The U.S Food and Drug Administration (FDA) will hold its first public hearing Friday (May 31st) on how to best regulate CBD products. The FDA is seeking information about cannabis-based compounds, as well as scientific data to gain further insight into the production and sale of cannabis products.
Hemp derived CBD was made legal with the passage of the 2018 Farm Bill, but the FDA has avoided taking a stance on CBD, choosing to only bar the use of unreasonable claims. The FDA has issued a number of warning letters to CBD companies for making a number of non-FDA approved claims about the benefits of CBD.
FDA Commissioner Scott Gottlieb, M.D., provided further clarification on the warning letters, as a April press release indicated they were sent to the companies “in response to their making unsubstantiated claims related to more than a dozen different products and spanning multiple product webpages, online stores and social media websites. The companies used these online platforms to make unfounded, egregious claims about their products' ability to limit, treat or cure cancer, neurodegenerative conditions, autoimmune diseases, opioid use disorder, and other serious diseases, without sufficient evidence and the legally required FDA approval.”
The FDA has worked to limit egregious claims thus far, but it may need to do more as the CBD market continues to boom, considering some of the biggest hurdles this industry is facing relate back to regulatory issues at a federal level, including banking, taxation, consumer protection, and labeling. Friday’s hearing will hopefully begin gathering this information to produce regulatory guidelines in the future.
Cannabidol, which CBD is short for has enjoyed quite the surge since it was legalized in 2018. With its many touted benefits, this non-intoxicating form derivative of cannabis is being gobbled up by companies like CVS.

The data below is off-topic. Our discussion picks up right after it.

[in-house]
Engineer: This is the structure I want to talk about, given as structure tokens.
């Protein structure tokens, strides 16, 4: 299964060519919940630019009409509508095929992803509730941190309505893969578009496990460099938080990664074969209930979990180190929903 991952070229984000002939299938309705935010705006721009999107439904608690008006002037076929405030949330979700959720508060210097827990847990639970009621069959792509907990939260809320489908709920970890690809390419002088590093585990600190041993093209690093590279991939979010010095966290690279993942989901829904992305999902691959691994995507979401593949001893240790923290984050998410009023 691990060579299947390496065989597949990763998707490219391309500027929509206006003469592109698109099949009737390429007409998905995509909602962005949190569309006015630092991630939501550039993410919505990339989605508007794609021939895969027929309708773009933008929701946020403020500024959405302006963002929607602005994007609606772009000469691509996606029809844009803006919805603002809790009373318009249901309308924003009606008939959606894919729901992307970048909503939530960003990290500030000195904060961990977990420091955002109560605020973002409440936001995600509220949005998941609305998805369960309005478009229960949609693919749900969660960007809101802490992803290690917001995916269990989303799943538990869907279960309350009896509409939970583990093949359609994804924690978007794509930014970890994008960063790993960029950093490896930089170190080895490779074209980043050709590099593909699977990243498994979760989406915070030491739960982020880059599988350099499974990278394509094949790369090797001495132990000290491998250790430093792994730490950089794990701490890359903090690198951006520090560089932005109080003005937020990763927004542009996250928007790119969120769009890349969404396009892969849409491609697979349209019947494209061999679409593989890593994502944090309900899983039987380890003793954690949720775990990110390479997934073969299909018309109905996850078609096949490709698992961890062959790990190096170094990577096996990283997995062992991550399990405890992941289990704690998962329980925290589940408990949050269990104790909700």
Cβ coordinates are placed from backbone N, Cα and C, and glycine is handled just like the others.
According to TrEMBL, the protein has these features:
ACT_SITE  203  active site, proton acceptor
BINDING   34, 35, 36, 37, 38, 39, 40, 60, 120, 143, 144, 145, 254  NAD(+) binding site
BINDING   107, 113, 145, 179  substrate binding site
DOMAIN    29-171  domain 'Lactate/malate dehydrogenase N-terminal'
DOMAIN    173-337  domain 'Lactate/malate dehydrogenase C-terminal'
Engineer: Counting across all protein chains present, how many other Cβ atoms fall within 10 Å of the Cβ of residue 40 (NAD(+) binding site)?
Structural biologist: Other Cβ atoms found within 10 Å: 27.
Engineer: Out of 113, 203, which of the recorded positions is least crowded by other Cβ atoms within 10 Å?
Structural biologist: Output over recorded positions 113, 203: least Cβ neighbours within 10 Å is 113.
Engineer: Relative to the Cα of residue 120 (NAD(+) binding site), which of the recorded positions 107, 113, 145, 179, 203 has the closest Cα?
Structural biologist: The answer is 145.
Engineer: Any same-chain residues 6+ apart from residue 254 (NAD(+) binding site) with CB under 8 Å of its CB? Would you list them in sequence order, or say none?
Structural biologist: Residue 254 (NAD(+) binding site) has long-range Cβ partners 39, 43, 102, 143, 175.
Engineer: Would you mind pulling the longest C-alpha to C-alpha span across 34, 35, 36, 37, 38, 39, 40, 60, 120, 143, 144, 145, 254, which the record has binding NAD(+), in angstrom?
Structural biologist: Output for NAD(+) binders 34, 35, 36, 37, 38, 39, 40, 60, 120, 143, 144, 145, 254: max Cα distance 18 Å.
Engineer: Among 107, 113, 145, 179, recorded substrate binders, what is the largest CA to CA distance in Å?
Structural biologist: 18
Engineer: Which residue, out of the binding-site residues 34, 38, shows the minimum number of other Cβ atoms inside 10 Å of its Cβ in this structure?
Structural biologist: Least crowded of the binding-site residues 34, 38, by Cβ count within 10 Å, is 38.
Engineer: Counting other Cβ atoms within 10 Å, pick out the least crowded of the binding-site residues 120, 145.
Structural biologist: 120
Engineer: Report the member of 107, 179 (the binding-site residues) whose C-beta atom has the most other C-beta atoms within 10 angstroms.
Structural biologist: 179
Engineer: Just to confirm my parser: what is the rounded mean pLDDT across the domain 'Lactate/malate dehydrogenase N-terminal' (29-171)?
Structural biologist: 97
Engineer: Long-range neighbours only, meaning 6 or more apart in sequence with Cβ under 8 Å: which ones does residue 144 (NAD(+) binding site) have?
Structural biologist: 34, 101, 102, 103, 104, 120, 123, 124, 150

CVS now sells a line of CBD topical products, including creams and lotions. Other large brands including Designer Brands (formerly DSW) and Urban outfitters are not far behind, both of which are undergoing testing topical CBD products in their stores.
However, CBD has not yet been approved by the FDA for food and drinks – which many suspect will be a topic of conversation at the Friday hearing. Hundreds of companies have begun including CBD in their food, from a cupcake restaurant near our office in Tampa, to Carl Jr’s 4/20 CBD burger.
With thousands of companies struggling to gain control over the market, the current legal framework for CBD has grown increasingly hazy. In an interview with Bloomberg, Attorney Robert DiPisa put it best “As an attorney, I try to read everything that the FDA is putting out, I try to gather as much information as possible to guide them in the best direction I can, but the truth of the matter is everyone is running blind right now.”
With the CBD industry estimated to be worth nearly $22 billion by 2022, as well as an unclear legal framework for expansion the pressure is on the FDA to act quickly.
However, the FDA has expressed concern that allowing the substance in food, beverages, and supplements. In his aforementioned memo, Gottlieb mentions that there remain “open questions about whether some threshold level of CBD could be allowed in foods without undermining the drug approval process or diminishing commercial incentives for further clinical study of the relevant drug substance.”
This makes it increasingly likely that the FDA will attempt to limit the amount of CBD that can be put into food or drink, according to Robert DiPisa. He went on to say that he believes the FDA will reserve the higher dosages of CBD for traditional pharmaceutical drugs, while using the lower doses for food and drinks. DiPisa thinks that this will both allow operation of third-party companies, while maintaining an avenue for research and profit for large pharmaceutical corporations.
It’s becoming increasingly clear that the best avenue for consistent CBD growth is through regulation. The main challenge to CBD is there’s not a consistent, federally accepted process to produce a pure product. By regulating it, the FDA can lay out a standard which companies can get stabilized and then have hard numbers which to attack with.
By having the rules in place, the FDA can attack outliers who make egregious claims as opposed to letting them run wild and endanger the consumer, DiPisa said.
The hearing will be held at the FDA headquarters in Silver Spring, MD. Electronic or written comments will be accepted until July 2nd. We will continue to update this article as more information regarding the hearing is made public.